However, inflammation doesn’t always result in positive results. Gluten is a gut irritant and causes inflammation, to some degree, in every individual. When we repeatedly irritate the body via inflammatory foods (or other sources such as stress, or poor sleep), inflammation occurs in the gut lining. Here, inflammation wreaks havoc on the gut, resulting in poor digestion, altered immune response, increased permeability (Leaky Gut), disrupted microbiome, decreased neurotransmitter production, and secondary inflammation in the brain.
2. Decreased Enzyme Production
The enzymes required to breakdown gluten (and dairy) are produced in the gut walls. In North America, a large percentage of the population has a deficiency in this enzyme, either due to a genetic predisposition, or as a result of damage to the gut lining (see point #1). When the enzyme levels are low, the gluten (and also the milk protein, casein) are not completely broken down. As a result, the peptides (partially-digested proteins) circulate in the body where they can cause other issues, such as those outline below.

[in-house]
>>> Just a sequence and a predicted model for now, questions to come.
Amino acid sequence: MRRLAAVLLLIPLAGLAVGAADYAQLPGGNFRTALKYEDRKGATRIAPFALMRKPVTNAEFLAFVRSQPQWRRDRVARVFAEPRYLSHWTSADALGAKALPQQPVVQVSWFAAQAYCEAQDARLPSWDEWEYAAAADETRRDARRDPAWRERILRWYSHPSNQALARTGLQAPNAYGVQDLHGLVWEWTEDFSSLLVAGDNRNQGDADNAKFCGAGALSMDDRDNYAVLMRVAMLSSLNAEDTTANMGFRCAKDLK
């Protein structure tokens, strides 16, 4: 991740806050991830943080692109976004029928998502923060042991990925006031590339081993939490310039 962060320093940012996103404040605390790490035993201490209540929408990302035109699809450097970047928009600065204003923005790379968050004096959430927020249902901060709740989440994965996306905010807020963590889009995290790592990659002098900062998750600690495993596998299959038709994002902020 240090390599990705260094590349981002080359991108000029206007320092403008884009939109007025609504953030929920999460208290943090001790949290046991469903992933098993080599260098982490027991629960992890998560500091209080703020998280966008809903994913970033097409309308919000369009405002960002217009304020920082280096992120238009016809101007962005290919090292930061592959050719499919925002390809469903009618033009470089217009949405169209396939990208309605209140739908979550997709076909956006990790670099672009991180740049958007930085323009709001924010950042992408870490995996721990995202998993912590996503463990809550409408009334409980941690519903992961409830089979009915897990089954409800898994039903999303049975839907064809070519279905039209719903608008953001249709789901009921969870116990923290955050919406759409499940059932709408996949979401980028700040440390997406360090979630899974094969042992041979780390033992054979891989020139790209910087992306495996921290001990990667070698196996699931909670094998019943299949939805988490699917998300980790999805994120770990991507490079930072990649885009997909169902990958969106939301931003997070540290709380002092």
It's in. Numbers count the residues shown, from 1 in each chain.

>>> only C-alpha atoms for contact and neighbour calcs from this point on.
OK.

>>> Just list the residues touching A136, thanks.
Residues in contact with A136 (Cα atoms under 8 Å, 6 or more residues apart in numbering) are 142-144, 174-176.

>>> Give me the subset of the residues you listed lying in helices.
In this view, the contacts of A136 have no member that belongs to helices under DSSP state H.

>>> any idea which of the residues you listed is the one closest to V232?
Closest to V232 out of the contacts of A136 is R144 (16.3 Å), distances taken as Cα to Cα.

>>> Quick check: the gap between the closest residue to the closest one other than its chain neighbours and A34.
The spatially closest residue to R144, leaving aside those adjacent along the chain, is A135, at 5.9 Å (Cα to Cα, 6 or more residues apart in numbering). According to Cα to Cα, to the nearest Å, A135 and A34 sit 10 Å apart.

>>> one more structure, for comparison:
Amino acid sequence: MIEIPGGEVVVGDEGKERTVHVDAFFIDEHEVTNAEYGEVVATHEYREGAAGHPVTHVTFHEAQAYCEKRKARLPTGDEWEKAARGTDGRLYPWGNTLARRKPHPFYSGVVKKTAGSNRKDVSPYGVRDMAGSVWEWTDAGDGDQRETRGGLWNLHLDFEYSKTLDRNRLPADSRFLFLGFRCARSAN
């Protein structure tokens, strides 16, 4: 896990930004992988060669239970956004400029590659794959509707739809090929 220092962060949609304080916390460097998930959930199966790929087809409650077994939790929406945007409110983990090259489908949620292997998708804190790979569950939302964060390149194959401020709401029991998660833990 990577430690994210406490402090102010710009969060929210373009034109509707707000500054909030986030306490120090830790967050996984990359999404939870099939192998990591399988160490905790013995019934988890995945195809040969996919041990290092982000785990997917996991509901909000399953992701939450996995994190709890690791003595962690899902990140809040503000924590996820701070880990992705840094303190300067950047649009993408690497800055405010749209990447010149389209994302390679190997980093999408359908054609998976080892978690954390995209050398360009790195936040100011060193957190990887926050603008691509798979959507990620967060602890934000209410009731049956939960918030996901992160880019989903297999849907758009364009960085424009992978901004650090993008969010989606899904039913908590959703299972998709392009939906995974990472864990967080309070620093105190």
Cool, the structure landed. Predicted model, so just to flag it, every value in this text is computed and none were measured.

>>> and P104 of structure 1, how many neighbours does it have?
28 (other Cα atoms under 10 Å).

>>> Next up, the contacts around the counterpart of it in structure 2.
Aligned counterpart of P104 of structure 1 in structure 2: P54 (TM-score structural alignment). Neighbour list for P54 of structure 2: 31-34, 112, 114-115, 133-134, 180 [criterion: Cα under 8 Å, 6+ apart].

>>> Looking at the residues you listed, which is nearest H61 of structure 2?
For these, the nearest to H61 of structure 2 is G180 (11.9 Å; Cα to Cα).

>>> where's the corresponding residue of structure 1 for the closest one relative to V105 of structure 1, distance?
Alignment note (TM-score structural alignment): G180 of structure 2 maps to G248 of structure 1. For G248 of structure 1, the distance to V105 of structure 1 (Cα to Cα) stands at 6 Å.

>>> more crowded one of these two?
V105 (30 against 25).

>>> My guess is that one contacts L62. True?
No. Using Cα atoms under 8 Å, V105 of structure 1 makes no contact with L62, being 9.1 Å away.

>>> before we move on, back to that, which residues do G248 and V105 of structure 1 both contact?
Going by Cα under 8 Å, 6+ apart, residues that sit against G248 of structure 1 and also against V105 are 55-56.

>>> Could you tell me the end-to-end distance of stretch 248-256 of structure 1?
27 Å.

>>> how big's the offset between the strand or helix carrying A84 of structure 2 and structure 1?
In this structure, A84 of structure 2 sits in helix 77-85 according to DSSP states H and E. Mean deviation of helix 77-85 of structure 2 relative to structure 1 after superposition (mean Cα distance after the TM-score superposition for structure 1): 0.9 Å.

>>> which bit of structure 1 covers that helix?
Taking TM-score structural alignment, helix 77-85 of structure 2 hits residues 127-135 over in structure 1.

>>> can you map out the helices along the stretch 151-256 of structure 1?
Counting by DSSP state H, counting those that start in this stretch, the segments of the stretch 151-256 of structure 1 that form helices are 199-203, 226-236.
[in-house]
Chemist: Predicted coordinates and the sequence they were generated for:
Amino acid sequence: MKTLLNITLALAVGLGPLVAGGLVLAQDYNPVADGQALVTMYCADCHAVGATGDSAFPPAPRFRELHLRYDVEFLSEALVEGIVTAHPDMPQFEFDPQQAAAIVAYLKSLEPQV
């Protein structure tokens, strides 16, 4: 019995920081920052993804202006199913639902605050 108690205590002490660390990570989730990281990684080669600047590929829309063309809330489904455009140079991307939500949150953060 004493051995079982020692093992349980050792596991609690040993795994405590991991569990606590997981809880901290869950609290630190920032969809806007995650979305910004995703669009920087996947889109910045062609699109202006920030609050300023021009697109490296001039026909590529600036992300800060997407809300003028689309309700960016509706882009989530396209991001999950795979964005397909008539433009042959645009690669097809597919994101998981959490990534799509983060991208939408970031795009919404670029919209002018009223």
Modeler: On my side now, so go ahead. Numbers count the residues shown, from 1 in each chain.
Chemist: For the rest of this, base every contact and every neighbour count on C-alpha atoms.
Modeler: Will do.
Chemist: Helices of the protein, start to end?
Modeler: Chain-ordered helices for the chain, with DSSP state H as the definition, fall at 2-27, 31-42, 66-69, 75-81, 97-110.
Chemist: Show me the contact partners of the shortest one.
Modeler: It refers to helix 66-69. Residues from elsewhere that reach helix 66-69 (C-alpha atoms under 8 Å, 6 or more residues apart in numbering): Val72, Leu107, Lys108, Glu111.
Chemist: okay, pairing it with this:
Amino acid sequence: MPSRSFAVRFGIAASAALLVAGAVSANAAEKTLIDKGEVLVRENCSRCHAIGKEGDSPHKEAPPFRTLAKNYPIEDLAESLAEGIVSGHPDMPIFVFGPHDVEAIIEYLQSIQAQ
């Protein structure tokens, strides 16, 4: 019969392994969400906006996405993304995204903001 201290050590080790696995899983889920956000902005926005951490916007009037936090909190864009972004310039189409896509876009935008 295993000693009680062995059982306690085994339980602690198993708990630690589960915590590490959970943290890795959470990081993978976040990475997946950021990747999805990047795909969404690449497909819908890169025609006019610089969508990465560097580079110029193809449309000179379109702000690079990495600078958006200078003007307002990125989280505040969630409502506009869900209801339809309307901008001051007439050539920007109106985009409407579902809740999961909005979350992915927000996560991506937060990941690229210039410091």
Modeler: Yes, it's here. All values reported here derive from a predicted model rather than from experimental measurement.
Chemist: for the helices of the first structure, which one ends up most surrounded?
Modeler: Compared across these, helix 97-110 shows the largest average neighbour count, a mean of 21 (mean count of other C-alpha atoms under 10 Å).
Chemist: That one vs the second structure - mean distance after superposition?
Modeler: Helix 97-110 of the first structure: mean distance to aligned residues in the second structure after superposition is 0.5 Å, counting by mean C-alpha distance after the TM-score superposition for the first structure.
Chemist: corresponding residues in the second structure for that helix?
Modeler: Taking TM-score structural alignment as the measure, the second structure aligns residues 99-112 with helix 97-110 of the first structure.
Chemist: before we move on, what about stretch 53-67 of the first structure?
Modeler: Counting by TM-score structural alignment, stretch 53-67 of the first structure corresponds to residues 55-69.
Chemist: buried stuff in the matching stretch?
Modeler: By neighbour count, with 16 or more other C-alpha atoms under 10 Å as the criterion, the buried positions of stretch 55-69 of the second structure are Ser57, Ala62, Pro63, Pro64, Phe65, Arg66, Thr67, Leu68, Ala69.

The gluten (and dairy) peptides can sometimes mimic the chemical composition of opiates (the drug family that includes morphine and heroin). As can be predicted, this has quite significant effects on the body, and can result in behaviours such as spaciness, ‘brain fog’, fatigue, problems with speech and hearing, irritability and aggression, moodiness, anxiety/depression and sleep problems. The affected individual can become addicted to the foods and the feelings/physiological effects that they bring.
Methylation is a complicated topic, warranting a separate (or series of!) blog posts. Briefly, impaired methylation can result in difficulties removing toxins from the body, and imbalanced production of neurotransmitters.
3. IgE Allergies (Wheat Allergy)
IgE-mediated allergies are the type of food allergy that most people are familiar with, and it is this type of reaction that is involved in the acute and dramatic responses to foods such as peanuts. In terms of gluten-containing foods, the body’s reaction may not be to gluten specifically, but an allergic reaction to any of the hundreds of proteins in wheat; wheat is one of the top 8 food allergens in North America. (An individual with a wheat allergy may tolerate gluten from non-wheat sources.) Symptoms come on quickly (minutes to hours after consumption), and may include nausea, vomiting, abdominal pain, itching, swelling of the lips and tongue, trouble breathing, or anaphylaxis. The immune response also creates inflammation, which can affect the brain.